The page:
“We decided we would test the system. We went to the colored window, and we told the guy that we were having a party and we needed hot dogs and hamburgers and french fries for 50 people. Oh, he started frying,” Benham said.

As the cook finished, Benham and his friend drifted to the window for whites. “He said, ‘Well, come on over to the colored window.’ I said, ‘No, we’re not coming over there. If you’re going to sell them to us, you’re going to have to sell them to us at the white window.'

“He let loose a fusillade and then started throwing them in the trash can. We just laughed and drove away,” the Supreme Court justice said.

This was a lucky thing. “If he had brought them to the white window, there would have been a problem because we didn’t have any money. We were depending on segregation to prevail at that point,” Benham said.

Benham earned his bachelor’s degree from Tuskegee Institute, then became the second African-American to graduate from the University of Georgia School of Law.

A white law school friend, who also lived in Cartersville, brought Benham to see his father, a Bartow County Superior Court judge. The judge asked Benham where he intended to set up a practice. Benham said California was on his mind.

”You’re from Cartersville. You’re one of ours. You need to come back home,” said Judge Jefferson L. Davis.

The South can be a complicated place. Encouraged by a judge named after the Confederacy’s only president, the black lawyer came home and set up shop.

One day, that white fry cook from Dairy Queen walked in for legal advice. He didn’t recognize Benham, who never told him that they already had a history. That would have been rude.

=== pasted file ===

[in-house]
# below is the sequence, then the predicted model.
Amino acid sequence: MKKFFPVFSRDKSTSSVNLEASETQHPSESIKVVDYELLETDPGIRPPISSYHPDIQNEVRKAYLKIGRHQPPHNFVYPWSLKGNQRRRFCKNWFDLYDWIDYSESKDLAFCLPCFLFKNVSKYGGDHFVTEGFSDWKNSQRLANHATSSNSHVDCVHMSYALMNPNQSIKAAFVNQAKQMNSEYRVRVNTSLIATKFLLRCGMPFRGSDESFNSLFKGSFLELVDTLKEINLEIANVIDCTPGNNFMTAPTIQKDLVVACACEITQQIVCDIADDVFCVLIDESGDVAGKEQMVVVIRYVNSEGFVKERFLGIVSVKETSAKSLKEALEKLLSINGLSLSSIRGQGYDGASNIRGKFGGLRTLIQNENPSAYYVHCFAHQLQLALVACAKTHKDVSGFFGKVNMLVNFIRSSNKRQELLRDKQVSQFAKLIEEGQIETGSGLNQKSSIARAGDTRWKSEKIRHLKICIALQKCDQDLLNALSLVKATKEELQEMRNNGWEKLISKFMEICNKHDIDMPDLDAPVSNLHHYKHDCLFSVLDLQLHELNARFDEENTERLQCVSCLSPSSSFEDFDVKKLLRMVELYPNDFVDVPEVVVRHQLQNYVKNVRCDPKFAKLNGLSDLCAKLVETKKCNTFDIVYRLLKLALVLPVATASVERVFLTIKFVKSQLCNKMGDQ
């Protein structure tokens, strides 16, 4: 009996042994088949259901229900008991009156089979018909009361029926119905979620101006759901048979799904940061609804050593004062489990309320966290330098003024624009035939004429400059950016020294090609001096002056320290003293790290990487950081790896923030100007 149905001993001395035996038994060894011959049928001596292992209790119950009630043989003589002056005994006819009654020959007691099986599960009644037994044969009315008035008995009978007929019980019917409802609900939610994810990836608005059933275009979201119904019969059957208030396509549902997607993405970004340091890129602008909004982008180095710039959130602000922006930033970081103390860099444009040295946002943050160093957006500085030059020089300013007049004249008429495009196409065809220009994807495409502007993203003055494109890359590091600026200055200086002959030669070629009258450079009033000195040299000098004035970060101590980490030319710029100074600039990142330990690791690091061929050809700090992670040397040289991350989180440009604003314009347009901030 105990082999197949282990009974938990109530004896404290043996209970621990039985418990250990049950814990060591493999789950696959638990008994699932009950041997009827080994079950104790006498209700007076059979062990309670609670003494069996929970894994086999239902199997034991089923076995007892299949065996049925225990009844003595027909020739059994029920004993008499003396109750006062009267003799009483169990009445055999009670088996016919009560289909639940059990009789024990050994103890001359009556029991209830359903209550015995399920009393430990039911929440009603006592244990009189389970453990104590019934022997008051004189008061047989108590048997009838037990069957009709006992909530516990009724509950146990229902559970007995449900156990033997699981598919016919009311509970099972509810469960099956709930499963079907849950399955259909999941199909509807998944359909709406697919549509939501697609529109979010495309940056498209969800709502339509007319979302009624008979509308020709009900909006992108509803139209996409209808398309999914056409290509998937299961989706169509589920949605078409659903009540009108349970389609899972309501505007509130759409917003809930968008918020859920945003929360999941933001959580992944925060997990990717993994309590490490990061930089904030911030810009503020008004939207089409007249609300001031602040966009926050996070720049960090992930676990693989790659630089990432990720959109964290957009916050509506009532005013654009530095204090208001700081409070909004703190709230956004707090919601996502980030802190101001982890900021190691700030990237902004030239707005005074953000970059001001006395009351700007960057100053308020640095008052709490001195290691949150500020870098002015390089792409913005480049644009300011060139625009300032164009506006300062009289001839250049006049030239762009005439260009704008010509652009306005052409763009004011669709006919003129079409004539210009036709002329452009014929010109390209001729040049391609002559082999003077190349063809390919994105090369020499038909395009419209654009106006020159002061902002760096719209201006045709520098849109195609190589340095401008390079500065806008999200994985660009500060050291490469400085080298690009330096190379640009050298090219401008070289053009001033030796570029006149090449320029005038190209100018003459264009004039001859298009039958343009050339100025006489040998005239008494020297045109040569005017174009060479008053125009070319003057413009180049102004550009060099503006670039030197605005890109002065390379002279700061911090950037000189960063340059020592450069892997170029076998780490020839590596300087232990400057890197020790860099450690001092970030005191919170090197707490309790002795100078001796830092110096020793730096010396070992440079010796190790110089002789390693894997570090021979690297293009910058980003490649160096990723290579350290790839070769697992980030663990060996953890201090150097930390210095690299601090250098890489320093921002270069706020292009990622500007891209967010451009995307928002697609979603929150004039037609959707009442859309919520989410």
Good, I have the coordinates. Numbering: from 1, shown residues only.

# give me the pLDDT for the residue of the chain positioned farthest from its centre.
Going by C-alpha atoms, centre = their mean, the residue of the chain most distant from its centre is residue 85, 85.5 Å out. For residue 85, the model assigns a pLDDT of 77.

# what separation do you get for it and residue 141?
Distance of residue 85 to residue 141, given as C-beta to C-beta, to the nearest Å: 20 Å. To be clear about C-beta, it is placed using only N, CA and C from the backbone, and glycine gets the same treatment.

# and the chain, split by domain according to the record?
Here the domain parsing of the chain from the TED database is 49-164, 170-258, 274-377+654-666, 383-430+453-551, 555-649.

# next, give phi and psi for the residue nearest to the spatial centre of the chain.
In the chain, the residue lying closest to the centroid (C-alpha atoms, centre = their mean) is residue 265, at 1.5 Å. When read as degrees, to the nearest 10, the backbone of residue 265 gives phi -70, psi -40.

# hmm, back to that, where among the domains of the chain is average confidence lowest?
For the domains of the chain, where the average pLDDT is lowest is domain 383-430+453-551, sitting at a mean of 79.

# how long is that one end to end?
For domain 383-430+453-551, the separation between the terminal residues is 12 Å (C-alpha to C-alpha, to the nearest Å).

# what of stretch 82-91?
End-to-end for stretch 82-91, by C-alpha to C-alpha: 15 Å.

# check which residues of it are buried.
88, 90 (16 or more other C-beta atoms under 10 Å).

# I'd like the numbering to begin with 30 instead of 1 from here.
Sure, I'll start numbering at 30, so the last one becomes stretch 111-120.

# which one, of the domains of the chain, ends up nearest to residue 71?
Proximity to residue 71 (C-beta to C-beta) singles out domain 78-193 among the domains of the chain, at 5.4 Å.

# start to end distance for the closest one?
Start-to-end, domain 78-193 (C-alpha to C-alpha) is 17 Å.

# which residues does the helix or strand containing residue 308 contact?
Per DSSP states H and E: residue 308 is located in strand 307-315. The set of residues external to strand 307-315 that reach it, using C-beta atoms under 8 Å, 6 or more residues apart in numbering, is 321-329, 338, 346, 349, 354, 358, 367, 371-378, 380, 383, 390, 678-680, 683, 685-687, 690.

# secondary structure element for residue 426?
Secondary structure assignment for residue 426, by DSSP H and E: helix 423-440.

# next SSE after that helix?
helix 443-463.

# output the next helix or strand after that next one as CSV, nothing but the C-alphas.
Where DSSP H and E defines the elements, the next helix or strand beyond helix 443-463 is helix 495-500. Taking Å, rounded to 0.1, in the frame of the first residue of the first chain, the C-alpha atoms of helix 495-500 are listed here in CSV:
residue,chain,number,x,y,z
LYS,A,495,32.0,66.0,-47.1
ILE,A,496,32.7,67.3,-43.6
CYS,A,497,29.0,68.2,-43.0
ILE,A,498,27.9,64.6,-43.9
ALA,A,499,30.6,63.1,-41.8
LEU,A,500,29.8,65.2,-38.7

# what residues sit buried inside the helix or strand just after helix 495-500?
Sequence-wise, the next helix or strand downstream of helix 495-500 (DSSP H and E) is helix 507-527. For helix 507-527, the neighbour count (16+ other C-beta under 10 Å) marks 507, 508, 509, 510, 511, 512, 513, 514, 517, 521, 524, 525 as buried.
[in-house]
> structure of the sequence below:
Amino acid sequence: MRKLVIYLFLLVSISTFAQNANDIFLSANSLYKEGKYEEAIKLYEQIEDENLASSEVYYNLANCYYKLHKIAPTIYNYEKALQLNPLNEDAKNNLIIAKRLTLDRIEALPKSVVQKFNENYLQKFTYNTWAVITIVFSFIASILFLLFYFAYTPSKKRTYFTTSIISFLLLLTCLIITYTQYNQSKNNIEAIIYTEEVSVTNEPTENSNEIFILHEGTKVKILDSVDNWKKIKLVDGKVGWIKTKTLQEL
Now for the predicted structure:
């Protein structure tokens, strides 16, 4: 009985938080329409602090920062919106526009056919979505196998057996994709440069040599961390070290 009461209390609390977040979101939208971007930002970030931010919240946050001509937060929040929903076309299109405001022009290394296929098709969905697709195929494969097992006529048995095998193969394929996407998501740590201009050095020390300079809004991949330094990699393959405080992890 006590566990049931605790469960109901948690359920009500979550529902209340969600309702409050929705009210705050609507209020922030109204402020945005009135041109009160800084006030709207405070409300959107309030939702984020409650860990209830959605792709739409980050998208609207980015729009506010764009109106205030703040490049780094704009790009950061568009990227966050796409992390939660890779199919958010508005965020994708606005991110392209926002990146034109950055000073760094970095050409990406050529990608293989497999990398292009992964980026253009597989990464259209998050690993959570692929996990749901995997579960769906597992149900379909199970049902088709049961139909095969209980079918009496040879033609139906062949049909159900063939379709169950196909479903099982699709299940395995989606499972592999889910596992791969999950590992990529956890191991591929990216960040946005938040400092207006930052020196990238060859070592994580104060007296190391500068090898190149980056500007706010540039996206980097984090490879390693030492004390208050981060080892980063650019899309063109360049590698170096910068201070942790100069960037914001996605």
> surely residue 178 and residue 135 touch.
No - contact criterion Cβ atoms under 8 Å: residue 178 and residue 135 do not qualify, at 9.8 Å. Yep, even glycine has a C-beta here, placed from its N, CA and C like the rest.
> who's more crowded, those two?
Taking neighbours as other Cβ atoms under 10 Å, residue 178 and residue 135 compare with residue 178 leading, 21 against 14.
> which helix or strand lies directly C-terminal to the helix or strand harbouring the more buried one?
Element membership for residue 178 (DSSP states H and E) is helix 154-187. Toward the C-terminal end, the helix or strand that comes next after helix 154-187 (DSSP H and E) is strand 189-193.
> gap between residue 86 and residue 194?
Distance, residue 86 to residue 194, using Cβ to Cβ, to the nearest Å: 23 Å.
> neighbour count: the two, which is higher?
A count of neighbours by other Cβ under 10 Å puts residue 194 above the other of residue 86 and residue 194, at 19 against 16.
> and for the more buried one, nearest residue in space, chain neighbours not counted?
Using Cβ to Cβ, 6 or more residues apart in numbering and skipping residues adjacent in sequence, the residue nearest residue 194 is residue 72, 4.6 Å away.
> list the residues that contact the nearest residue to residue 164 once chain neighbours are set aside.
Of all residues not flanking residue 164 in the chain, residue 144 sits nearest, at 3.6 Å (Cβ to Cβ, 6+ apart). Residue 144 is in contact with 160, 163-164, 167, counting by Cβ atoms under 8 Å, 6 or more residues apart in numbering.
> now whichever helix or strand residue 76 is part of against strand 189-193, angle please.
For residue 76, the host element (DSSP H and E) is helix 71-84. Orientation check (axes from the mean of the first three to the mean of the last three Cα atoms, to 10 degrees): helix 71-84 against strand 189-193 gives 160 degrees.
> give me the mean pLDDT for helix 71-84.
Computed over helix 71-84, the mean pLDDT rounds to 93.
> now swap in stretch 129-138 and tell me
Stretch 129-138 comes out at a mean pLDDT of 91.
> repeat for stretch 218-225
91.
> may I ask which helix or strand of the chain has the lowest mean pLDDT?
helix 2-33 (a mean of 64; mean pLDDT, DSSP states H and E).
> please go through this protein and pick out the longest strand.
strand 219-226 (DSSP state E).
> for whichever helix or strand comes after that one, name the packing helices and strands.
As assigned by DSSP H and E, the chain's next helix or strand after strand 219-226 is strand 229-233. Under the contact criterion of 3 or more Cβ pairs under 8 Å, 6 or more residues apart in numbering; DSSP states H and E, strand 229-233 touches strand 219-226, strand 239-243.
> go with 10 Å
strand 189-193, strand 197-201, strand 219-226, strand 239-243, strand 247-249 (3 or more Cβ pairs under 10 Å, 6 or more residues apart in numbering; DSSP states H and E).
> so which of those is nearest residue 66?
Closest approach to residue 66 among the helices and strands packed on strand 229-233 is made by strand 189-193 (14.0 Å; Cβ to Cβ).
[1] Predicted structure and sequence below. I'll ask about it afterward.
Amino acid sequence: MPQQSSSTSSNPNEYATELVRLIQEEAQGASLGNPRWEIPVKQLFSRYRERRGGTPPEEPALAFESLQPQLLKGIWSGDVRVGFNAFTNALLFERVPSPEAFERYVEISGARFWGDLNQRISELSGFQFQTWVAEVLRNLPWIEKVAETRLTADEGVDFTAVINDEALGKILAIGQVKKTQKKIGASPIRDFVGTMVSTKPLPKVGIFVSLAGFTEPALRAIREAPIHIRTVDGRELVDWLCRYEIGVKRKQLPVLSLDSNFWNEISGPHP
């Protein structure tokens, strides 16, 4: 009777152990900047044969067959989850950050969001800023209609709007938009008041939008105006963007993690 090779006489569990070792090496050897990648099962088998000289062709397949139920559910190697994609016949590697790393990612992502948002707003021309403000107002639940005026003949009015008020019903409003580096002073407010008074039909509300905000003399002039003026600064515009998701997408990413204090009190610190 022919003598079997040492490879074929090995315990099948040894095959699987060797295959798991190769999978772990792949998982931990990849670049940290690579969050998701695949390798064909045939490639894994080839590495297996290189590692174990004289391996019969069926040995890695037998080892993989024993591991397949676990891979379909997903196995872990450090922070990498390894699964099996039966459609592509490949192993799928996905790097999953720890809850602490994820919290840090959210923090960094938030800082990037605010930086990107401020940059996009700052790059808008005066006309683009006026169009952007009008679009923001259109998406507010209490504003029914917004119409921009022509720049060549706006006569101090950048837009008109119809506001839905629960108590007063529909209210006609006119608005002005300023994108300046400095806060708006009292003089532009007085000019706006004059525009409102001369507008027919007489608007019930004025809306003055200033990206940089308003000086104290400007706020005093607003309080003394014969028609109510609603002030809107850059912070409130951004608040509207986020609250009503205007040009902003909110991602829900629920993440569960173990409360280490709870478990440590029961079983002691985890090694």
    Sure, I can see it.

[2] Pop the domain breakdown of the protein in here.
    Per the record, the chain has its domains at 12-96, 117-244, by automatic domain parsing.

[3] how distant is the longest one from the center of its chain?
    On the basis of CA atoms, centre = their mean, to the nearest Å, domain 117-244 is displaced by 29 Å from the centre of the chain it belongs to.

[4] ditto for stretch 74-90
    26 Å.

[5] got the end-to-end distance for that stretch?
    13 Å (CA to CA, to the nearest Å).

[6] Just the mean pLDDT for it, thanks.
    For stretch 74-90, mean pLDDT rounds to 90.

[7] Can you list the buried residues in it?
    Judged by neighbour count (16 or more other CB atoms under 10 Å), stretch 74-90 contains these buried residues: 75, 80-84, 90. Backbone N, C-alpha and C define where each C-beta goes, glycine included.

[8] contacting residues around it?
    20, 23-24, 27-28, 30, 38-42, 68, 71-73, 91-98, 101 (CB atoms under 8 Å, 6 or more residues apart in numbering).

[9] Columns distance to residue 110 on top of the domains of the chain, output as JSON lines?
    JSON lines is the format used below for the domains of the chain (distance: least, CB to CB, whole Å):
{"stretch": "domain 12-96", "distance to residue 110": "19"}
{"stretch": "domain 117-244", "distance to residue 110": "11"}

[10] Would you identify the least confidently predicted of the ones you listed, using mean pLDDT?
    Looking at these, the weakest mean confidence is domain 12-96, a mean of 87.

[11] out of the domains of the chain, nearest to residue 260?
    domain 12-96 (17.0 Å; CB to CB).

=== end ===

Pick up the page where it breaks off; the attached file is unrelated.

”That was then, this was now,” Benham said. “Sometimes, you take people where they are and then move them where they ought to be.”

Now, about that 1984 contest. Immediately upon his appointment to the nine-member Court of Appeals by Harris, Benham became the incumbent. Which would give him an “i” next to his name in the quickly approaching nonpartisan August election.

Three white attorneys challenged him, and Benham, then 37, was advised that a runoff would be fatal to his chances.

“I swallowed hard because there were certain counties I couldn’t go to,” he said. “My campaign committee sat down, and we took a map of the state. And we went over how the campaign should be organized. We made a conscious decision that we wouldn’t do any television with pictures. We decided where I would go and where I could not go. I had to be a realist.”

Southwest Georgia was one of those no-go areas. Local white lawyers, who understood what was at stake, campaigned in his stead.

Before one crowd of lawyers in the safety of Atlanta, Benham painted himself as a rabbit, right down to the hare’s “short, stubby body.” His three white opponents, he allowed, were bloodhounds on the scent of a kill. “They are running for the thrill of the chase,” he said. “I’m running for my life.”

The governor’s own network kicked in. Benham’s assigned campaign manager was Bobby Kahn, whom Harris would name executive director of the state Democratic Party the next year. (Kahn would later serve Gov. Roy Barnes as chief of staff.)

When reporters asked Benham why flyers in the city of Atlanta used his photograph but flyers in South Georgia didn’t, Benham -- with a straight face -- said it was a cost issue. We knew this not to be the case. With the governor’s help, Benham’s campaign had taken in more cash than any judicial race in state history. But we also knew what was up, and so we didn’t press the issue. Yeah, I was there.

Benham won 58.6% of the vote, avoiding the runoff that he and every other co-conspirator feared. He would serve on the appeals court for five years. In 1989, Gov. Joe Frank Harris, his neighbor, appointed Benham to the state Supreme Court, breaking another racial barrier.

He’s held that job ever since, with 18 more months of history to make.